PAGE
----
Imagine for a moment that you are sound asleep in your bed when you slowly wake up to the realization that something is in the bed with you. You come fully awake to see a wild animal sleeping on your chest, one that looks like a cross between a ferret and a monkey!

No, this isn't the plot of the latest Stephen King novel. This is something that actually happened to a 99-year-old woman in Miami. After consulting with a family friend, the woman learned that the animal was a kinkajou, which are rare in the U.S., but it's not uncommon to find them hiding in attics and other dark, quiet places.

Pet kinkajouA pet kinkajou playing outdoors. (Photo: Steven Ciccarelli/Shutterstock)

Native to Central and South America, kinkajous are small rain forest-dwelling mammals that are most active at night. As mentioned they aren't common here, it's possible to get a permit to keep one as a pet. In fact, the bed-sharing kinkajou turns out to be pet that got away from its owner.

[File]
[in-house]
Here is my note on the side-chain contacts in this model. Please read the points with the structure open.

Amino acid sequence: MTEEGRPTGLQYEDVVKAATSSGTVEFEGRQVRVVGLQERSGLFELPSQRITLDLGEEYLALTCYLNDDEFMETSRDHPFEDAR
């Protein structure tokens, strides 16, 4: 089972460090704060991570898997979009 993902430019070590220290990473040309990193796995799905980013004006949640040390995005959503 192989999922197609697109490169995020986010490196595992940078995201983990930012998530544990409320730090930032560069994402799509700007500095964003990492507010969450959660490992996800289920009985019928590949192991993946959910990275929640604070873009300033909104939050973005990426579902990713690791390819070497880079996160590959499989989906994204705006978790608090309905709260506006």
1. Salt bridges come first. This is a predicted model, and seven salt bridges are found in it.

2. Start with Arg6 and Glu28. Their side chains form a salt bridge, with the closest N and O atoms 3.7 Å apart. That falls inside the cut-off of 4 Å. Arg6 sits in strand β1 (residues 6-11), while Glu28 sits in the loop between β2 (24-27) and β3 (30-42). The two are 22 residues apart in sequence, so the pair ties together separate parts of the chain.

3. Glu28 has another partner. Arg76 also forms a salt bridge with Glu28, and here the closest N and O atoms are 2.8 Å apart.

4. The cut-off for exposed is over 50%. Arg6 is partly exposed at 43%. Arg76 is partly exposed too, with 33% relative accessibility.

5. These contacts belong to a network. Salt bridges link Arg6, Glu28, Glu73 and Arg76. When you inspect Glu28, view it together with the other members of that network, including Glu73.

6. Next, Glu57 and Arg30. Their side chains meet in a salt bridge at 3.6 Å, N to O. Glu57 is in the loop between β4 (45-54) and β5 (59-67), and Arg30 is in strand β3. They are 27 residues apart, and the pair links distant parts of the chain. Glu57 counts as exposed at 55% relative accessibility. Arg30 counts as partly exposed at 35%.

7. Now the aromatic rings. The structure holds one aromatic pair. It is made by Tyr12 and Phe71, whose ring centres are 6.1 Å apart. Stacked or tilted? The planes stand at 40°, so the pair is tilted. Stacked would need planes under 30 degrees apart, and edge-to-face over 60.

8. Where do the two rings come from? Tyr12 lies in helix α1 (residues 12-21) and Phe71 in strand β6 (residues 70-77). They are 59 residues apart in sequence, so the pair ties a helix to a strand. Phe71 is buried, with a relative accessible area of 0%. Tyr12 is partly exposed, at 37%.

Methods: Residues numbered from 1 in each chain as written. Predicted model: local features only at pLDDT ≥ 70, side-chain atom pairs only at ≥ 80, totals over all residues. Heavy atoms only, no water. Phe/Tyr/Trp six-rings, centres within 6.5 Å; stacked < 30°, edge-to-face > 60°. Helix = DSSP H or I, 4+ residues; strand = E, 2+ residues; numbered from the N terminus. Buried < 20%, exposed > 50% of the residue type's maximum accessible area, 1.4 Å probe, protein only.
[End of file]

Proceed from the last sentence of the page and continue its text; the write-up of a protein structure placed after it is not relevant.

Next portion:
Kinkajous — or honey bears as they are sometimes called — have strong tails that they use for balance and climbing, similar to the way that monkeys use their tails. But they are not related to monkeys at all. Rather, kinkajous are more closely related to raccoons.

Some folks contend that kinkajous are not the best pets because they have sharp claws and teeth, and even when raised from babies they can be unpredictable.

Little girl holding a kinkajouThis 1931 photo shows a little girl caring for a kinkajou. (Photo: Fox Photos/Getty Images)

But others argue that the playful, quiet and docile nature of the kinkajou makes it the perfect household pet. Like this guy who clearly thinks he's just one of the dogs:

As for the kinkajou found in Florida, after she was taken to the local vet, her owner saw the local news and was thrilled to see that his pet of five years was just fine. The kinkajou — whose name is Banana — had been missing for more than a week after escaping from a temporary cage.

So the story has a happy ending after all: The traumatized Banana ate some bananas is now back with her owner after a very odd time away.

What is a kinkajou and why is it in my house?
A 99-year-old Miami woman recently awoke to find one sleeping on her chest.